Going down 55th and Lawndale on my neon pink bike, I remember taking constant trips to the corner store that was three minutes from my house. Before I even entered, I could hear the Spanish radio, “La Que Buena” playing throughout the store. As I opened the front door, the wind chimes made the small store feel so familiar. The room smelled like Fabuloso (a floor cleaning liquid) and Mexican candy. For these quick trips, I was occasionally granted 4 dollars to spend on an afterschool snack. Therefore I would skim throughout the room seeing the shelves full of chips, the coolers that only had soda or ice cream. It was typical of me to pick out the blue soda from the cooler and a container of Flamin’ Hot Asteroids. Growing up, it didn’t seem like a problem to pick out these types of snacks, it was more of a routine that many people of the neighborhood were accustomed to. Corner stores became normalized as it fulfilled the convenience of it; to be accessible and inexpensive. It was the most beneficial alternative than walking half an hour to our closest produce market.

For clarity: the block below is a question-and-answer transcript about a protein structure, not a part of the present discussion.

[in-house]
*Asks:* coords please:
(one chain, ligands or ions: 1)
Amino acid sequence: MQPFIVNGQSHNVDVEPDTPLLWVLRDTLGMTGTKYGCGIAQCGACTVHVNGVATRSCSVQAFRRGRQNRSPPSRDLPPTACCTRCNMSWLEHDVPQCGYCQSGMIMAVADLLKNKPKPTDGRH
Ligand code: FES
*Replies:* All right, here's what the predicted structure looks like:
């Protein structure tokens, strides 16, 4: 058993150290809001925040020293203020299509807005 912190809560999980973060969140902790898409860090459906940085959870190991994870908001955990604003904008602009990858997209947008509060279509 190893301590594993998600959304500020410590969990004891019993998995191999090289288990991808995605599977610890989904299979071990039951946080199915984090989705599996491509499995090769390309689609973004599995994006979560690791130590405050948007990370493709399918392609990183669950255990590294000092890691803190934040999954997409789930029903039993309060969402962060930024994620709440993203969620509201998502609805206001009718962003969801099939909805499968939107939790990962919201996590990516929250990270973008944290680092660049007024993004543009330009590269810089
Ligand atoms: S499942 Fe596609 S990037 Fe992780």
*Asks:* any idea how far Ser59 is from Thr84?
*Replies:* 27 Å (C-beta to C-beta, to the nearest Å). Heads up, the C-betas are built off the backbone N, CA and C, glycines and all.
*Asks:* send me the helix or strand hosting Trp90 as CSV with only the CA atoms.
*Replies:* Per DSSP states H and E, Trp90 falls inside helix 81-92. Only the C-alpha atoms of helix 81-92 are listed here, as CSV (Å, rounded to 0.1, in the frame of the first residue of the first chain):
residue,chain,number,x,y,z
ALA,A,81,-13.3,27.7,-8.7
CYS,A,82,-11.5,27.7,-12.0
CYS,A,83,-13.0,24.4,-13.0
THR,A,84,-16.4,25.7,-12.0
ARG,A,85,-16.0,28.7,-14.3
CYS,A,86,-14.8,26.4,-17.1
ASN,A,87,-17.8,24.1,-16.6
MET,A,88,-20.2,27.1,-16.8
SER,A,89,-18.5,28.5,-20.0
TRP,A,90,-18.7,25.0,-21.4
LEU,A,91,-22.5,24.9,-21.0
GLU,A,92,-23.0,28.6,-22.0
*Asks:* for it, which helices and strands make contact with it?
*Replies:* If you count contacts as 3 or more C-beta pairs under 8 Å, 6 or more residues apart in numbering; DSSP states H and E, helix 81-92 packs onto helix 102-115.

It wasn’t until I was further into my education that I realized that these normalities weren’t best for the growth of my own community. I came to notice there were more fast-food chains and corner stores than there were fresh produce markets. As being a part of a lower socioeconomic community there aren’t the typical organic and healthy alternatives that one would find in a wealthier neighborhood. The ability to obtain proper nutrition and maintain a balanced diet are factors when it comes to the well-being of a community. How is it that the life expectancy of a higher income community is older than my own? It has to do with the type of nourishment that is a part of one’s neighborhood. For instance, in order for children to prosper academically, there is a need for healthier food options. However, in reality, there are more McDonald’s and Burger Kings on every corner than Whole Foods to fuel the youth’s brain. Not only does it affect the academics of the community but food deserts also correlate with higher rates of obesity, diabetes, and other preventable health issues. Why does there have to be a change in the census within a community in order for healthier resources to be a part of a neighborhood?